NEW YORK — The good news is that Wall Street experts think stock prices will rise more than 10 percent next year. The bad news is that they expected big gains in 2011 and got nearly zero instead.
It's forecasting time on Wall Street, and once again the pros are trying to predict the unpredictable. History suggests their target price for stocks by the end of 2012 will prove too high or too low. They might even get the direction wrong — predicting a gain when there's a loss.
As Yogi Berra said, "It's tough to make predictions, especially about the future."
In typical times, guessing where stocks will end up in a year is difficult. There are many assumptions about economic growth, inflation and consumer spending that go into the calculation.
Now, forecasting has become nearly impossible. Big unknowns hang over the market as rarely before. Will the euro break up? Will China slow too sharply? Will squabbling in Washington scuttle the economic recovery?
"Normally, you wonder, How will sales do? How are managements doing?" says Howard Silverblatt, senior index analyst at Standard & Poor's, which puts out its own forecasts. "Now there are so many high-level issues that affect the market."
Silverblatt's firm says the S&P 500 index should rise to 1,400 by the end of 2012, up more than 10 percent from Friday's close of 1,265. That figure is an average of expectations from investment strategists, economists and other big thinkers. More bullish yet are stock analysts focused on individual companies. Add up their price targets for each stock in the index, and they see it rising to 1,457, up 15 percent.
There's plenty of reason to think stocks will rise fast in the coming year. U.S. companies are generating record profits. Americans are spending more than expected and factories are producing more. The job market finally appears to be healing, too.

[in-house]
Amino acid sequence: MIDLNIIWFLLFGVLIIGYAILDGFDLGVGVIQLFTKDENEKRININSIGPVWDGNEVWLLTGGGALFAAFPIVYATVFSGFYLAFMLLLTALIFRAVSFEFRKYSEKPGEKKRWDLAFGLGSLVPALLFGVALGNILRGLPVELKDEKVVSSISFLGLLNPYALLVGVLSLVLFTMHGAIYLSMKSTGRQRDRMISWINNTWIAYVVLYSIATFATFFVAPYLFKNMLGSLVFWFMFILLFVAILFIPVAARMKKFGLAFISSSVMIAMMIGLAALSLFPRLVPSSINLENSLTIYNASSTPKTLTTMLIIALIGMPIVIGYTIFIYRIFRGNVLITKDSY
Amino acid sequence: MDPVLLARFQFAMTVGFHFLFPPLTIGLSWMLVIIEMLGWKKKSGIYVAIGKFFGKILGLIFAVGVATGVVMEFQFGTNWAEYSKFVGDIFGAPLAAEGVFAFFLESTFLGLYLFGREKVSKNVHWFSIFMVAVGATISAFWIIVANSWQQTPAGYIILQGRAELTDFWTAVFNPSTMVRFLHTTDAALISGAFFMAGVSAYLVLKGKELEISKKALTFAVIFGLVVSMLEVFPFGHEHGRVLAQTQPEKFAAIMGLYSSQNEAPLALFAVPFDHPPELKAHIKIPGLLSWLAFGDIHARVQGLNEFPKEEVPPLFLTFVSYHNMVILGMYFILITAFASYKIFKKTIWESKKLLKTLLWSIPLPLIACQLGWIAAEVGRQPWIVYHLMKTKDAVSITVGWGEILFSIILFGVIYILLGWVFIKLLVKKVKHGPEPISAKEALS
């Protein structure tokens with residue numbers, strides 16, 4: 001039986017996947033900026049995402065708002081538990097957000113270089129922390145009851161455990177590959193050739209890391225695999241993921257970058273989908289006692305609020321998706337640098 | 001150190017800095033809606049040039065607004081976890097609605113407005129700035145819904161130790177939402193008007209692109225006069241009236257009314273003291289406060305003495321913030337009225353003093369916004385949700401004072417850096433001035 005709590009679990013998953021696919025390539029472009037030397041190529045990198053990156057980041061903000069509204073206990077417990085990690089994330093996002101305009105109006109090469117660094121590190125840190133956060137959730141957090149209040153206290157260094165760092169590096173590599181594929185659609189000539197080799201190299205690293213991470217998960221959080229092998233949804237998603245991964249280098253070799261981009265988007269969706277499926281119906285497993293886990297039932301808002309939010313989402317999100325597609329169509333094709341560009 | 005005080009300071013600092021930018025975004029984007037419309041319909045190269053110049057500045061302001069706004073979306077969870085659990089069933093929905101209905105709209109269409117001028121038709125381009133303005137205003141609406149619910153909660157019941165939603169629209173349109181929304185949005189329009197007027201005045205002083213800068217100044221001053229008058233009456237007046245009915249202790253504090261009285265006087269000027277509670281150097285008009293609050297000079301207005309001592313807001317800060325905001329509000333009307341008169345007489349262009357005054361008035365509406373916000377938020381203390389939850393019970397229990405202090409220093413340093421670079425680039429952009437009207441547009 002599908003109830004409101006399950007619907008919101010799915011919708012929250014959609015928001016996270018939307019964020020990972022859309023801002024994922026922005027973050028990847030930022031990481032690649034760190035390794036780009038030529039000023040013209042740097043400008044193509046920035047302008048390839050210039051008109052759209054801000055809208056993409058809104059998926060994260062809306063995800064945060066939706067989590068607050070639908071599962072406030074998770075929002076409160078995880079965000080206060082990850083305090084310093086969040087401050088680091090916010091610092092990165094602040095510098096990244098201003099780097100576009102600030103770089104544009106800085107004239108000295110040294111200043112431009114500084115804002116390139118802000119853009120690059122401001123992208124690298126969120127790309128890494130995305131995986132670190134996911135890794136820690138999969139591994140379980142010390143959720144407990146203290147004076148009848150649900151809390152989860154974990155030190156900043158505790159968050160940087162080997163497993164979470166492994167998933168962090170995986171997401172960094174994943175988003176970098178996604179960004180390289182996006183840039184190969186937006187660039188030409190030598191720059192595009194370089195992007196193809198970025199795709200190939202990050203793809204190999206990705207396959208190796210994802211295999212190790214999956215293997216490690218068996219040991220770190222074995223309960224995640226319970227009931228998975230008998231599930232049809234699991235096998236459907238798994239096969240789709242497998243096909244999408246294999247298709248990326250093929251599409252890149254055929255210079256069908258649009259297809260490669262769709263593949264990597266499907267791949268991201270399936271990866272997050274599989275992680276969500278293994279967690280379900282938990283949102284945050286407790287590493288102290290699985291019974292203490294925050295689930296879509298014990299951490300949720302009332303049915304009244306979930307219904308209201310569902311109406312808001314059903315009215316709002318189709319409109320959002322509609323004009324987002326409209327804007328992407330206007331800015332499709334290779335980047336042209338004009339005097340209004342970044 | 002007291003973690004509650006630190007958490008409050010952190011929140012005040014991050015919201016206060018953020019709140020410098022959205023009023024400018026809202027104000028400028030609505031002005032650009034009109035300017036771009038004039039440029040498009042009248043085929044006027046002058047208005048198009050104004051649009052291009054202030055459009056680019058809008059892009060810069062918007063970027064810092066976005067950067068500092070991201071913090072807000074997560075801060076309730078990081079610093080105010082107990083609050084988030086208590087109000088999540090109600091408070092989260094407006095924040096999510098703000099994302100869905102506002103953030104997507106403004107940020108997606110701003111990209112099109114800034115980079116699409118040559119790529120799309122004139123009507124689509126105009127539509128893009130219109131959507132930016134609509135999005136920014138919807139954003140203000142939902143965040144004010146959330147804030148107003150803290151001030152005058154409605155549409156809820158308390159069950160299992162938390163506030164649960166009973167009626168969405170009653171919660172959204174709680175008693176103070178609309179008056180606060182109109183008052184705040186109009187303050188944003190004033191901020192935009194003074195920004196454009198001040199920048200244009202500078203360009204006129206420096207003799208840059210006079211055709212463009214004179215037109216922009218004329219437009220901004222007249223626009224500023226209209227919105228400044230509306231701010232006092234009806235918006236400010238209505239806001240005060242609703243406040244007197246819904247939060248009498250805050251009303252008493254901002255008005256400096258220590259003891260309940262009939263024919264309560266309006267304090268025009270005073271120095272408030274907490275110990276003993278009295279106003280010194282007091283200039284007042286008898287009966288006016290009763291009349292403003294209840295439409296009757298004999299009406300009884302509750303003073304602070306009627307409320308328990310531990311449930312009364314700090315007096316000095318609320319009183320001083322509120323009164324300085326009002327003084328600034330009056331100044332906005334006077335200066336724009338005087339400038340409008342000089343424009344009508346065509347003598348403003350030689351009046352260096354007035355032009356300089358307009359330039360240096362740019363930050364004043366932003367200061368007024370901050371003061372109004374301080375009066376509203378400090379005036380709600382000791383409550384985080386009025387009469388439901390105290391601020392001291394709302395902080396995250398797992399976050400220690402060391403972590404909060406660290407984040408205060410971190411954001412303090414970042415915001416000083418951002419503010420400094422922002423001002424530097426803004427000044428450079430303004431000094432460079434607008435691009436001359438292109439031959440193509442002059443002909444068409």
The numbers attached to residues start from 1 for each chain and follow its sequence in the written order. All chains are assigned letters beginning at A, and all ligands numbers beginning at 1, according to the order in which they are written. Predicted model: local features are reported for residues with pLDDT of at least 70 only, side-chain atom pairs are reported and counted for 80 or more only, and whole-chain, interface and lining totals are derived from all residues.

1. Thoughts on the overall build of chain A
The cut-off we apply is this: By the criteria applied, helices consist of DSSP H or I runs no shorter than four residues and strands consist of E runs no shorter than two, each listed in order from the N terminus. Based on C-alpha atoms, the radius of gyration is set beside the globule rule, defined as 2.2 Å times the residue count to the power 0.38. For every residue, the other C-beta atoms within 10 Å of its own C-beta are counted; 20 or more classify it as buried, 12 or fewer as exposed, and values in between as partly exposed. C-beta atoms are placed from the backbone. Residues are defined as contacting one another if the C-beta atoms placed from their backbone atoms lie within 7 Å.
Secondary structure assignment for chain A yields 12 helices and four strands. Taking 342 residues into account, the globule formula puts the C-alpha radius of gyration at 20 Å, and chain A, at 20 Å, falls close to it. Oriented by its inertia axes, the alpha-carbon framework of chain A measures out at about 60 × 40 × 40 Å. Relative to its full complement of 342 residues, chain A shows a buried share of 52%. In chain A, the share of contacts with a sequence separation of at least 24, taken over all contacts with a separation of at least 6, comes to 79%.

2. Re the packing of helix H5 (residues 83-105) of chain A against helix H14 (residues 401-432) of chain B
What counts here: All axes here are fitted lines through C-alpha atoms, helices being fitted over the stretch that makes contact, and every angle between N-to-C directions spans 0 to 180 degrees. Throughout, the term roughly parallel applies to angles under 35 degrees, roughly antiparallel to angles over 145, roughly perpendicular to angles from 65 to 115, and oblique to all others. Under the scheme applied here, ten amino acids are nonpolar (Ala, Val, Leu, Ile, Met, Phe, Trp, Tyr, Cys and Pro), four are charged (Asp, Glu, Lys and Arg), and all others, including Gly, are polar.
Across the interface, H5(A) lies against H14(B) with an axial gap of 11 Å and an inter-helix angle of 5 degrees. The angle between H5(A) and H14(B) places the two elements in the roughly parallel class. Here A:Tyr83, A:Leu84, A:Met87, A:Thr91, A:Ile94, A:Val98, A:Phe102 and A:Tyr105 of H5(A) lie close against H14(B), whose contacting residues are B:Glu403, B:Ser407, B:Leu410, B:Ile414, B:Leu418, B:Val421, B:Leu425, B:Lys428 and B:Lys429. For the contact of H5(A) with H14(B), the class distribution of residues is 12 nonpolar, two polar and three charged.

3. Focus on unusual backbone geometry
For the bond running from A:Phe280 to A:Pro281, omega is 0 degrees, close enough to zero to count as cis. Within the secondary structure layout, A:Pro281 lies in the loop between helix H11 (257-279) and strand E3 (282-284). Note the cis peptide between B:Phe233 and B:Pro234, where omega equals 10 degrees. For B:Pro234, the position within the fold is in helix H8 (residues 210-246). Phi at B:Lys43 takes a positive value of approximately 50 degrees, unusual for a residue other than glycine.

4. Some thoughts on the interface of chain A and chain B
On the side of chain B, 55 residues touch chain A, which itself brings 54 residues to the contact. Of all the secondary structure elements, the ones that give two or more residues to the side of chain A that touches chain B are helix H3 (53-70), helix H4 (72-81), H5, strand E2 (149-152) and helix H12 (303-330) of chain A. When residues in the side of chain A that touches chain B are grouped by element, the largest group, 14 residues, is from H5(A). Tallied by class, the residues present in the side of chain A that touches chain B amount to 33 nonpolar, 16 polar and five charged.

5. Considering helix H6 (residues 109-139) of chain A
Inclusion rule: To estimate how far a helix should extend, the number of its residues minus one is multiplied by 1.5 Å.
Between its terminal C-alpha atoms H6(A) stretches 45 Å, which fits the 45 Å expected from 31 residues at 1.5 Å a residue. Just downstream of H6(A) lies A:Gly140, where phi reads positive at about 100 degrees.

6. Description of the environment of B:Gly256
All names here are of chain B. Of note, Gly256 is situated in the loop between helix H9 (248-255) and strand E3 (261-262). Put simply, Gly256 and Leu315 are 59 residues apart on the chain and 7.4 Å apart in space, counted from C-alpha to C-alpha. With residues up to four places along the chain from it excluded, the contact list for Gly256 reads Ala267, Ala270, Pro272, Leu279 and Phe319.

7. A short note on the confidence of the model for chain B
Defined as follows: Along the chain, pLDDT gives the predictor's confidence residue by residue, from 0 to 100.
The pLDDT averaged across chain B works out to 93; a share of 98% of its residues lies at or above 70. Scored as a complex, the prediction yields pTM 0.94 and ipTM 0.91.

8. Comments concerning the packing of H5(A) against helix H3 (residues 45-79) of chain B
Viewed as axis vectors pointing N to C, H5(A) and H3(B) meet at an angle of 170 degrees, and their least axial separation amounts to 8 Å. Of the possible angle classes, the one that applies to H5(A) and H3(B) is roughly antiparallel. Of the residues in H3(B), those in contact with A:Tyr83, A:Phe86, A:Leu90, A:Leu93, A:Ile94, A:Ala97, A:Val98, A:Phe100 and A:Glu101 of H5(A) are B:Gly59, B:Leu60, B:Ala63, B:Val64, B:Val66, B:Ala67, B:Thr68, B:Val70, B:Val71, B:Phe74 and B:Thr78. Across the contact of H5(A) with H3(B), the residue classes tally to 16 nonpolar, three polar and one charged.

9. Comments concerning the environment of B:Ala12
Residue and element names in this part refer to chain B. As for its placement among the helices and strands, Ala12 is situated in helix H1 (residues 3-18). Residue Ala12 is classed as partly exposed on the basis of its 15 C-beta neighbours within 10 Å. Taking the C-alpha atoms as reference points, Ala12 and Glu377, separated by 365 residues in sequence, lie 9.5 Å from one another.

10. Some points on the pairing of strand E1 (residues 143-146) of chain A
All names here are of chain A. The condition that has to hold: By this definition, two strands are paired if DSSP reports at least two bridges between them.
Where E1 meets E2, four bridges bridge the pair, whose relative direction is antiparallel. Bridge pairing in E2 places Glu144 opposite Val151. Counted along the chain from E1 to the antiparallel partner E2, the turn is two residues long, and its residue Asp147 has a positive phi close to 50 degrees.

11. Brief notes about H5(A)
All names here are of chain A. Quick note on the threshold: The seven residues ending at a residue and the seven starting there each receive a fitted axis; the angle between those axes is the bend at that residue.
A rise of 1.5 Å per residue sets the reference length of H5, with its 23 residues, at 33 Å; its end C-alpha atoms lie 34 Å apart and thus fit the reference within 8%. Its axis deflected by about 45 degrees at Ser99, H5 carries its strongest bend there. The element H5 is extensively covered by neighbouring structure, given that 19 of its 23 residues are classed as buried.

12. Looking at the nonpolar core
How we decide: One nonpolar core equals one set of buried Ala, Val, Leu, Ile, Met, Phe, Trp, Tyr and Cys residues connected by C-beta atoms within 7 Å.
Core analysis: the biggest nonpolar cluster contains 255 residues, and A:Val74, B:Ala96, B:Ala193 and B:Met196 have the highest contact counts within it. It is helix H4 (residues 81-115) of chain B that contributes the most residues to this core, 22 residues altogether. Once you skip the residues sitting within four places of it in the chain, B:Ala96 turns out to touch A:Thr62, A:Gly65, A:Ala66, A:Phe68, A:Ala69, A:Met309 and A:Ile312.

The odds of the U.S. slipping into another recession have fallen since the summer, when the economy had slowed.
Stocks seem attractively priced, too. The S&P 500 is trading at 12 times its expected earnings per share for 2012. It typically trades at 15 times, meaning stocks appear cheaper now.
Binky Chadha, chief strategist at Deutsche Bank, says the S&P 500 could hit 1,500 by the end of 2012, a gain of more than 18 percent.
Still, there is worry amid the bullishness.
Michael Hartnett, chief global equity strategist at Bank of America-Merrill Lynch, expects the S&P to close next year at 1,350, up 6.7 percent from Friday's close. He thinks the U.S. will avoid recession and U.S. companies will generate decent profits.
What could wreck that prediction is a worse situation in Europe than he is expecting. If European leaders move too slowly to solve their government debt crisis, the region could fall into a deep recession and throw the U.S. into one, too. If Europe tanks, profits will drop sharply and push the S&P down to 1,000, he says. That would be a sharp drop of 21 percent from Friday's close.
The frightening part is that Hartnett gives this "bear" case four-in-10 odds.
Similarly, Barry Knapp, strategist at Barclays Capital, predicts the S&P will rise to 1,330 next year. But he expects Europe's struggles with its debt and Washington gridlock could lead investors to sell before they buy. He says the S&P could fall to 1,150 by the middle of the year before rising to his target.
It could drop sooner. In the first three months next year, Italy needs to sell national bonds to raise money to pay holders of $172 billion worth of old ones coming due. The risk is that investors will demand high interest rates to buy the new bonds, and that will spread fears.